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West Kelowna  

Westbank First Nation captures national economic development award

National award for WFN

The Ntityix Development Corporation has been publicly recognized with a national award.

Officials with the corporate division of Westbank First Nation were presented with the Aboriginal Economic Development Corporation Award.

The recognition occurred during the Business Recovery Forum, staged online by the Canadian Council for Aboriginal Business (CCAB) on Sept. 16.

Besides two shopping centre partnerships and a retail gift store, Ntityix’s other ventures include managing 59,000 hectares of forest tenure and a construction division for the First Nation, responsible for most of the residential housing needs and buildings in the community.

The Ntityix Development Corporation was previously called the Westbank Indian Band Development Company when it was established in 1973.

It has undergone a name change since then as has the First Nation it is managed by, formerly Westbank Indian Bank.

In the Okanagan language Ntityix translates into spring salmon.

In a video shared with forum delegates, Christopher Derickson, chief of Westbank First Nation, explained spring salmon must persevere through different currents and waters, avoid predators, grow and venture back up the river to give life to the next generation.

“We felt that was the perfect architype for what we need to be doing financially and economically for our people,” Derickson said. “We need to be following the cycles of the economy, we need to persevere through challenges, up and downs, so we can provide for future generations.”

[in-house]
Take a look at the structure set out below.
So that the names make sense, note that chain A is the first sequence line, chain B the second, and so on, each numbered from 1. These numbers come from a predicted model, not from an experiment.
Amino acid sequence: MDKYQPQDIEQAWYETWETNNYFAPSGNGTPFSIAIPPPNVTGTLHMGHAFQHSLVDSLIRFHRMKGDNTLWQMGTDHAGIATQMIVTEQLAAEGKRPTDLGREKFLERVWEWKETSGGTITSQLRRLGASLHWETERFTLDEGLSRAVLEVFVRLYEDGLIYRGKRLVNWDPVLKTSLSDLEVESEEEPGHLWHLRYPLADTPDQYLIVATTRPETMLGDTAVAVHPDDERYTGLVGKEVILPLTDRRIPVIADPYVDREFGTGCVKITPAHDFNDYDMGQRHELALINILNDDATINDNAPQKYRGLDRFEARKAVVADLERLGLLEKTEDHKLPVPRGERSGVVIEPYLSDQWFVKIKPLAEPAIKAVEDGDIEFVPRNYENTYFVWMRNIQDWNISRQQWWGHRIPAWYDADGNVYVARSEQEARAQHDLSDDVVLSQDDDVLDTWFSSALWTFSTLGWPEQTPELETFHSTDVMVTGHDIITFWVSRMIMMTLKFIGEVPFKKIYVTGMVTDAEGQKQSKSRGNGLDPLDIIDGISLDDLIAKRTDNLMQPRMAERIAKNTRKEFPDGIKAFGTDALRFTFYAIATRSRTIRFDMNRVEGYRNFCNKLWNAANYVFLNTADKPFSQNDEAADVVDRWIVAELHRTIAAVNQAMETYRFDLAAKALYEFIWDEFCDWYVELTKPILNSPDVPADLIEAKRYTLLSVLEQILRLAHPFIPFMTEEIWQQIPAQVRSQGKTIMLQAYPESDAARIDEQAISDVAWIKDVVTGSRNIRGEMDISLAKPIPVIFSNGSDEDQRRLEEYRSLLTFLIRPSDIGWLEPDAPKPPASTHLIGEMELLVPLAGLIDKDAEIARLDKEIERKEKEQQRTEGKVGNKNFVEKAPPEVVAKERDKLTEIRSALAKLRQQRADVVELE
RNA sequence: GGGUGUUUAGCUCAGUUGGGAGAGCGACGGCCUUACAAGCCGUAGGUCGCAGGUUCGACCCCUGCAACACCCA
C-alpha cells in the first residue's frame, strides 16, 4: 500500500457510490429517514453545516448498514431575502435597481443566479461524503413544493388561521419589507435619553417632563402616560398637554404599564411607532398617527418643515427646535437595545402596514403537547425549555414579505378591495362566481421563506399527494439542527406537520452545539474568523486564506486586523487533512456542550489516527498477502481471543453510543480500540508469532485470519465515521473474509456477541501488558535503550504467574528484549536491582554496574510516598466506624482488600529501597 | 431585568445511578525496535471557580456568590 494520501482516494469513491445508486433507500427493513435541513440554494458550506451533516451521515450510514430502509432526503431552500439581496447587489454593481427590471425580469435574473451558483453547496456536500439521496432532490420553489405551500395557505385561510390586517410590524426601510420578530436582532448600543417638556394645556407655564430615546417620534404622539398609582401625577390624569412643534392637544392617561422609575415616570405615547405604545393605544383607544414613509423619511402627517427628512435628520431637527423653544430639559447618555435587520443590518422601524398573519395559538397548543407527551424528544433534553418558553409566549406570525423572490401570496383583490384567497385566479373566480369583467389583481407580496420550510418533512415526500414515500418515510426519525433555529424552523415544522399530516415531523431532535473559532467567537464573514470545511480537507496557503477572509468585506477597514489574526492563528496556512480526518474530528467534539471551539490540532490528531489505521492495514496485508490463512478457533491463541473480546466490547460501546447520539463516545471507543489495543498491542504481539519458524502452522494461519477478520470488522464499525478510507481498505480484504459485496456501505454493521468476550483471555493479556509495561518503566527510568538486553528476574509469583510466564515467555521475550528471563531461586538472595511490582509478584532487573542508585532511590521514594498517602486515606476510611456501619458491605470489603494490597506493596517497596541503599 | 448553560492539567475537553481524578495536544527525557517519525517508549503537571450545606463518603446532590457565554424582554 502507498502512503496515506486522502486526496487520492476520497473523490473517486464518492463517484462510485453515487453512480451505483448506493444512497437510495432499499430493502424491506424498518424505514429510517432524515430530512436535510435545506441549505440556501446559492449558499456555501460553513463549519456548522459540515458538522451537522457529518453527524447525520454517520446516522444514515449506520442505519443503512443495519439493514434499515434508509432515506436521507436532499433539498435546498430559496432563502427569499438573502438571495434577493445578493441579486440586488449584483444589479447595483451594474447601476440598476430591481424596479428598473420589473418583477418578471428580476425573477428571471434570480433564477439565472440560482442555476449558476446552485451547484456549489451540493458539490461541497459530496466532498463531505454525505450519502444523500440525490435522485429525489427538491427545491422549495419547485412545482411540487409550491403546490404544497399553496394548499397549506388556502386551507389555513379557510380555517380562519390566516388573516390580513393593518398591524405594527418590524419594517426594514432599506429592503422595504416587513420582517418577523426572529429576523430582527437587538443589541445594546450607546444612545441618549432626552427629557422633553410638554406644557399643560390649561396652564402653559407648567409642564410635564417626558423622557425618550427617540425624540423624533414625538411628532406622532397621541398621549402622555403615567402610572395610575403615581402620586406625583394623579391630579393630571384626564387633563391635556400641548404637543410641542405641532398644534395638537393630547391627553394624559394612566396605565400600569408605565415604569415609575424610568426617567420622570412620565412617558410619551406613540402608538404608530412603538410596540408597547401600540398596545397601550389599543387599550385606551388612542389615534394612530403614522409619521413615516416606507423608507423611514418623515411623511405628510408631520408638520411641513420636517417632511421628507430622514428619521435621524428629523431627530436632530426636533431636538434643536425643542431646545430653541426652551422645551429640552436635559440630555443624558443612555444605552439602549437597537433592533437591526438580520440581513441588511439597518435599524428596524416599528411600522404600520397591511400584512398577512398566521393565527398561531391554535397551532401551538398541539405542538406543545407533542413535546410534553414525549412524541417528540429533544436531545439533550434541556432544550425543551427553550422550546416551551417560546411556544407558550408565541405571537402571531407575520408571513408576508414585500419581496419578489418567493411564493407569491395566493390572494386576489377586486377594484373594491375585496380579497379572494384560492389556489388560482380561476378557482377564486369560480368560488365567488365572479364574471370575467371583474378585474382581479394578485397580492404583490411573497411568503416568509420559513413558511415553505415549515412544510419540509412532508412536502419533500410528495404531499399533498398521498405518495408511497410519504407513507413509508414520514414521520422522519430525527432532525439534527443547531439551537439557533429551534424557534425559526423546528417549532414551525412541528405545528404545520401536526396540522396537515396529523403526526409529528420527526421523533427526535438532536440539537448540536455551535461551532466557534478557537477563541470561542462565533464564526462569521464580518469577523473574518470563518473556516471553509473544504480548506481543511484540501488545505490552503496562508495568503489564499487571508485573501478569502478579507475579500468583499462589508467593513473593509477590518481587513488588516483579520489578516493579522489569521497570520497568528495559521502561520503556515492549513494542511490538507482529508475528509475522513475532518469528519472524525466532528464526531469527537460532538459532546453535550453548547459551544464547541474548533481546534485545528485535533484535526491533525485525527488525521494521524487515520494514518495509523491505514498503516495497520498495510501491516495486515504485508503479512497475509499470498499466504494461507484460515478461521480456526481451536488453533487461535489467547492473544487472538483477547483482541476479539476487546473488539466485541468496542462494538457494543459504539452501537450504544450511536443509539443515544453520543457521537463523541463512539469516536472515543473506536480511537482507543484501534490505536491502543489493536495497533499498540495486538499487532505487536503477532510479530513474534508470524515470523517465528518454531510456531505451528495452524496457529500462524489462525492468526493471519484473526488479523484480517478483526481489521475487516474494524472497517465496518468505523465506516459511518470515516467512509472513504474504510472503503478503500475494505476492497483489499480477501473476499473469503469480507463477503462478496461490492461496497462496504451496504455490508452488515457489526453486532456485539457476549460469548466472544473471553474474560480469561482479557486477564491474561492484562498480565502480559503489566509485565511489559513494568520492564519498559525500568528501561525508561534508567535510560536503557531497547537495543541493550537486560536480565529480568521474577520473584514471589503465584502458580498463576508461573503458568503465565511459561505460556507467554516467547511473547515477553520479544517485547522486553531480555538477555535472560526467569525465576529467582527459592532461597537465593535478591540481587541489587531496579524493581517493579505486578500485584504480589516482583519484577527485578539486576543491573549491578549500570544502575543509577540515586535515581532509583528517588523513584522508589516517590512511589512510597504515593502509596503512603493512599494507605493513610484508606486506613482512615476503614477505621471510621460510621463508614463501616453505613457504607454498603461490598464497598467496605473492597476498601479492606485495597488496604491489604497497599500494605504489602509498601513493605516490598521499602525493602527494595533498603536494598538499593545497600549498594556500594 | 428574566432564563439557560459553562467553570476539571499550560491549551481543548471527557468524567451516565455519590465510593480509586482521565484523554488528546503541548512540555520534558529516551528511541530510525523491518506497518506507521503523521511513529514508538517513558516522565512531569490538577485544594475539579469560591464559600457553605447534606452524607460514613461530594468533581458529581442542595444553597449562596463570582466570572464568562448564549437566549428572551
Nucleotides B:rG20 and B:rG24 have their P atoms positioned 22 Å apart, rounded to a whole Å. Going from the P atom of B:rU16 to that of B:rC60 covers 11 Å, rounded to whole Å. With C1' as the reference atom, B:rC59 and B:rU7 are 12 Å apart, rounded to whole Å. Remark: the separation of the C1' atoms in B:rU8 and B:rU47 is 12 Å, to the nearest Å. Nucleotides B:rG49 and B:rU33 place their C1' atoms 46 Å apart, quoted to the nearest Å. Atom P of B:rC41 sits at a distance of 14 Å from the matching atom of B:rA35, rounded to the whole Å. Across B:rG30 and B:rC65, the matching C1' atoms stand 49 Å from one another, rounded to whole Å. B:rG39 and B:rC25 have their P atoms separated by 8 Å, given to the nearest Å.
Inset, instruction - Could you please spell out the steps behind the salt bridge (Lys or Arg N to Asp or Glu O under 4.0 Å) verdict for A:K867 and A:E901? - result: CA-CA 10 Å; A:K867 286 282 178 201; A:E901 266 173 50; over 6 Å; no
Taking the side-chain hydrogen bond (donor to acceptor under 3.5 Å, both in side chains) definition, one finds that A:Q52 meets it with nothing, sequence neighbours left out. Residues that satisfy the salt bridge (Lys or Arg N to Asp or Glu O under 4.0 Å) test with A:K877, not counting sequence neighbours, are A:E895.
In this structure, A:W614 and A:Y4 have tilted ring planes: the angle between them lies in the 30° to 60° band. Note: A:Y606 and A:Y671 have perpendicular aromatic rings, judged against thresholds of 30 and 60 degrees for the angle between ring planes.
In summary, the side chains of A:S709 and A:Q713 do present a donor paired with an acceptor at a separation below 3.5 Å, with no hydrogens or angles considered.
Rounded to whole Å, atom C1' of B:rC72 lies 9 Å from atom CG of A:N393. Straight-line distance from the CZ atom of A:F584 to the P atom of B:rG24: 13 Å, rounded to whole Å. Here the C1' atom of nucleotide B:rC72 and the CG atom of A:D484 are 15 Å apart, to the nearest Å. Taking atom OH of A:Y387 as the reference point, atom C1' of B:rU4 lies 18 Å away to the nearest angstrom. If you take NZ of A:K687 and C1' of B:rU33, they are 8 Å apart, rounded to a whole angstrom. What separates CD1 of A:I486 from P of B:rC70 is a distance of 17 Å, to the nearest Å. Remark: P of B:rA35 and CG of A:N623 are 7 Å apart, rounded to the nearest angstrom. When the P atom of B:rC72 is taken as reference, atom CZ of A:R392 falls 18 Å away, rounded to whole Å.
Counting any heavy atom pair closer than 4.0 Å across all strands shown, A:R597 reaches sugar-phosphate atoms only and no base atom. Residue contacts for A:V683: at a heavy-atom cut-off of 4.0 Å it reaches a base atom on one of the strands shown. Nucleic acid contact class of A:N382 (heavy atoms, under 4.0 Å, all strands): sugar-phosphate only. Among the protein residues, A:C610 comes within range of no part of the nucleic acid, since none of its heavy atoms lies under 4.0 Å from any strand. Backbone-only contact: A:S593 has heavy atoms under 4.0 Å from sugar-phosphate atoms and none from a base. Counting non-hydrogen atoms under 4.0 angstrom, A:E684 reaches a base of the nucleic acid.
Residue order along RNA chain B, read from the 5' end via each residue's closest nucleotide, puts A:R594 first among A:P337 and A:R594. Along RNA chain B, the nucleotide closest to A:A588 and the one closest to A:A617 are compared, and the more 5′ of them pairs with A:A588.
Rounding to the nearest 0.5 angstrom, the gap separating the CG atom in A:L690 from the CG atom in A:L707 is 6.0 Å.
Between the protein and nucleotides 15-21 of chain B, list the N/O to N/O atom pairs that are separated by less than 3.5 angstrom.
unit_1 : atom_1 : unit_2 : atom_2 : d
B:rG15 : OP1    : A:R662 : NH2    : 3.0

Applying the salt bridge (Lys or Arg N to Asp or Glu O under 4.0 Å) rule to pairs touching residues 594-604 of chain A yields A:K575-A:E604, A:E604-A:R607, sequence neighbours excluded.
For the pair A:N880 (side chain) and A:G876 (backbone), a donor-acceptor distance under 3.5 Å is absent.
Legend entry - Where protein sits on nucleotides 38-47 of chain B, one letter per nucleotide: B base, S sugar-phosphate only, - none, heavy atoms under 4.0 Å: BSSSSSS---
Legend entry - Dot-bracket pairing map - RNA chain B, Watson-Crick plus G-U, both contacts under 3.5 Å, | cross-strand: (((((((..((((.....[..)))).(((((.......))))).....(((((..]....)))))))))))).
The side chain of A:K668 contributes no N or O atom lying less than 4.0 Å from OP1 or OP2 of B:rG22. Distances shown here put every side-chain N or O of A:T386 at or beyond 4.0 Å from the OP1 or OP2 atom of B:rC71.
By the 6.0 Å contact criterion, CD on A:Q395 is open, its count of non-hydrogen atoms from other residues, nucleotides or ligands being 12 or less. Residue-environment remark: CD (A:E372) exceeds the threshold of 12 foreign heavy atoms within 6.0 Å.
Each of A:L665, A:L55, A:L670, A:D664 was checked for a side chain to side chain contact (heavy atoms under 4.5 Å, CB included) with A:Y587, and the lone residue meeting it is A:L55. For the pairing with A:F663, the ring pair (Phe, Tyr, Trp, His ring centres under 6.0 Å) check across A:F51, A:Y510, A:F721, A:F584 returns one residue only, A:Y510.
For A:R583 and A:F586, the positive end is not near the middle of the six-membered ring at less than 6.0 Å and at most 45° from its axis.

Westbank was originally part of the Okanagan Indian Band but separated to become an independent band in 1963. But it wasn’t until 2005, that Westbank First Nation officially became self-governing.

“Growth has been absolutely exponential,” said Ryan Malcolm, the CEO of the Ntityix Development Corporation. “Westbank is now seen as a very viable family community.”

Malcolm said it was a huge honour to be singled out for a national award.

“It’s tremendous to be recognized by the CCAB,” he said. “I think it really ratifies all the blood, sweat and tears that generations before us did to make the corporation the success that it is today.”

Derickson echoed the sentiment that success was not achieved overnight.

“I think the greatest lesson from Westbank First Nation is that there really is everything you need to move forward found within your community,” he said. “This has been the result of 50 or more years of community discussions and visioning and planning to get to where we are today.”

All Aboriginal economic development corporations in Canada are eligible for the annual award.

These corporations are the economic and development arms of First Nations, Métis or Inuit government and vital economic boosters for Indigenous communities across the country.

While one-time achievements are considered, organizers of the award, sponsored by Sodexo, place more emphasis on recognizing sustained efforts of a corporation.

Also considered is the size of the projects a corporation has developed as well as how innovative those projects are.

Another factor which is taken into consideration when selecting a winner is whether the corporation has increased both employment and business opportunities for its members.

CCAB’s president and CEO Tabatha Bull said the winning corporation was indeed a worthy recipient of this year’s award.

“Ntityix demonstrates that when we align hard work with our values and a clear vision for the future, we can have a major impact on our communities for generations,” she said.

Nelson Derickson is currently working as the business development officer for Ntityix Development Corporation, which includes Ntityix Resouces, its forest management company.

“That company goes beyond the provincial requirements for things like reforestation, streams management and environmental protection,” he said.

Chief Derickson added his thoughts on why the forest management company is noteworthy.

“We harvest and manage our timber in a way that it preserves the natural environment for certain species and also preserves the natural environment to protect certain significant sites or sensitive areas,” he said.

The corporation also includes WIBCO Construction, the community-owned construction division.

“WIBCO’s priorities are to build assets that are required for community members, whether that’s housing, the school, the youth centre, the government building, our office or industrial,” said Nelson Derickson.



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